Speaker Series: Ethics, Aesthetics, and the Preservation of the Arts
Joint Hosted by SAR and MIAC
April 25, 2013 12:00 pm through 1:30 pm
Thursday, April 25, 2013, 12:00 pm, Free. Location: Museum of Indian Arts and Culture, Meem Auditorium
Consultations: Providing Interpretation and Guidance for Collections
Jim Enote, Director, A:shiwi A:wan Museum and Heritage Center Leigh Kuwanwisiwma, Director, Hopi Cultural Preservation Office Cynthia Chavez Lamar (Moderator), IARC Director, SAR
Native community representatives often work with museums to improve collections records and bring information back to the tribe. How do tribal representatives determine what information can be shared with the public and at what level? Where is the line between what should be kept internal vs. public knowledge—even in limited amounts—for the sake of preservation?
Jim Enote, Zuni farmer and interrupted artist, has explored to a large degree such varied subjects as cultural pattern languages, Zuni architecture as Fluxus art, Japanese art after 1945, and map art of indigenous peoples. Born in Zuni, New Mexico, Enote considers his career an odyssey of hitchhiking, watermelon picking, writing, and advocacy for indigenous peoples. Besides currently serving as director of the A:shiwi A:wan Museum and Heritage Center, he is a member of the board of trustees for the Grand Canyon Trust, a senior advisor for Mountain Cultures at the Mountain Institute, a New Mexico Community Luminaria, an E.F. Shumacher Society Fellow, and board member of the Jessie Smith Noyes Foundation. In 2010, Enote was awarded the Michael M. Ames Prize for Innovative Museum Anthropology. He is now camped out at his work-in-progress home in Zuni.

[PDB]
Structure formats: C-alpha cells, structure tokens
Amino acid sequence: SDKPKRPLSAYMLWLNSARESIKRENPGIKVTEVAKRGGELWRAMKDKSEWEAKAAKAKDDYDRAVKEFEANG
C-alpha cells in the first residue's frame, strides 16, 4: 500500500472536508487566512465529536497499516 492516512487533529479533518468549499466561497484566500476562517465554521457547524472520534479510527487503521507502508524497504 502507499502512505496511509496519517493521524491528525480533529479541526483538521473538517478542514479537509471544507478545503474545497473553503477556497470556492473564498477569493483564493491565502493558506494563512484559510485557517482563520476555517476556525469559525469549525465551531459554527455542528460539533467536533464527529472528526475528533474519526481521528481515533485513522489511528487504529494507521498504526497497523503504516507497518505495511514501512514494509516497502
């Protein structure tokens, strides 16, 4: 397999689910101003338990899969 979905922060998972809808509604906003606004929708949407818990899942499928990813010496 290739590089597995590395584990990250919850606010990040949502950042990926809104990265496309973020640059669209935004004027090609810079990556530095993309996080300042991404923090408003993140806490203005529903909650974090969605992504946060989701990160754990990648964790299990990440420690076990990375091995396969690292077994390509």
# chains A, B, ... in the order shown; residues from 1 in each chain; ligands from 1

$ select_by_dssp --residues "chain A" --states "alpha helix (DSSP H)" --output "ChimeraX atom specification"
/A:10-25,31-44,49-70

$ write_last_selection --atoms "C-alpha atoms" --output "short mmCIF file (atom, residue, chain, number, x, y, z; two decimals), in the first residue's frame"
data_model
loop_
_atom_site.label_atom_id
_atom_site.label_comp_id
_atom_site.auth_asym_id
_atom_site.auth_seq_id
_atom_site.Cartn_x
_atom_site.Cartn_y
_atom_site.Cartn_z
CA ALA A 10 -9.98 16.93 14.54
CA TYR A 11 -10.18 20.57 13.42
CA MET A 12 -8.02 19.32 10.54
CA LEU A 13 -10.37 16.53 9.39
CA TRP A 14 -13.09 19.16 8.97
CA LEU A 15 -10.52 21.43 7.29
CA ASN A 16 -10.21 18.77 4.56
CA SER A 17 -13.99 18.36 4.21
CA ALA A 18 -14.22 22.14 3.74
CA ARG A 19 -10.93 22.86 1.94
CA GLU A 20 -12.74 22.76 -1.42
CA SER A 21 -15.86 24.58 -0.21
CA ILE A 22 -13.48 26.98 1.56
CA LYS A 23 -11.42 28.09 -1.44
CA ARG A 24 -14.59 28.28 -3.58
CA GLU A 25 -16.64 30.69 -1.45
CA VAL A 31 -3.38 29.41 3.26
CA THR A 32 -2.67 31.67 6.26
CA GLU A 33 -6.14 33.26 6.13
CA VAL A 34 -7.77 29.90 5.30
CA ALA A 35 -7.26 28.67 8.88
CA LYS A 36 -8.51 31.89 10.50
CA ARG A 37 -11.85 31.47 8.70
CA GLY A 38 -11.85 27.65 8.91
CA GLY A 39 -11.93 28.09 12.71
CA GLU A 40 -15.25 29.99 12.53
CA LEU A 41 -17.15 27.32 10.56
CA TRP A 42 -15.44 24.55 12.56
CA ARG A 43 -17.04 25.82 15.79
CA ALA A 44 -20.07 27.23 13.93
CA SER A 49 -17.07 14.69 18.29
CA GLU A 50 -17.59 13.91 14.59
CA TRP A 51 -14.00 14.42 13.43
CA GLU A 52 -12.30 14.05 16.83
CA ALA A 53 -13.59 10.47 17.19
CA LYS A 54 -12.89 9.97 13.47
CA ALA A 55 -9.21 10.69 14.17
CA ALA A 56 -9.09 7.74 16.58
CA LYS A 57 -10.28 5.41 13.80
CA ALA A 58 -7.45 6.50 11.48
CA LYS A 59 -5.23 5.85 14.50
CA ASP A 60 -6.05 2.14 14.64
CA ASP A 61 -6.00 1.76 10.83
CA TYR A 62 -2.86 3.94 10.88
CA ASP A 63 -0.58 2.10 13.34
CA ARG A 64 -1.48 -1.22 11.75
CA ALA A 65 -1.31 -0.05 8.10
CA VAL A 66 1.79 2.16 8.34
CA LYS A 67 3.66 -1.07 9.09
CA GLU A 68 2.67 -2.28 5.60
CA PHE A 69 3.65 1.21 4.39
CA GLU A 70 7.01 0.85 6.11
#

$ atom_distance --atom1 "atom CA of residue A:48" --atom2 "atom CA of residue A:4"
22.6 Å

Leigh J. Kuwanwisiwma is the director of the Hopi Cultural Preservation Office, a position he has held for twenty-three years. In this capacity, he has conducted extensive consultations with museums nationwide. Particularly under the Native Graves Protection and Repatriation Act (NAGPRA), he has provided tribal information to determine whether objects held by museums are subject to the act. Kuwanwisiwma has also collaborated with the professional community to conduct research on Hopi ethno-history, petroglyphs interpretation, landscapes, and archaeology. He is a former member of the board of trustees of the Museum of Northern Arizona and the Arizona Archaeology Commission and currently serves on the Arizona State Museum’s Tribal Advisory Board.
This series is open and FREE to the public. These are brown bag lunch events, so please feel free to bring a meal with you to the lectures. Reservations can be made by calling (505) 954-7205 or e-mailing iarc[at]sarsf.org.
The Indian Arts Research Center at the School for Advanced Research is pleased to announce its partnership with the Museum of Indian Arts and Culture to host the 2013 Speaker Series, Ethics, Aesthetics, and Preservation of the Arts. This speaker series is geared toward individuals and institutions interested in collecting and working with cultural materials. Over the course of several months, speakers will delve into the various legal and ethical issues surrounding art collecting and preservation, and offer some best practice guidelines. Talks will be held at the host institutions, the School for Advanced Research and the Museum of Indian Arts and Culture in Santa Fe. Please make note of the location of each talk.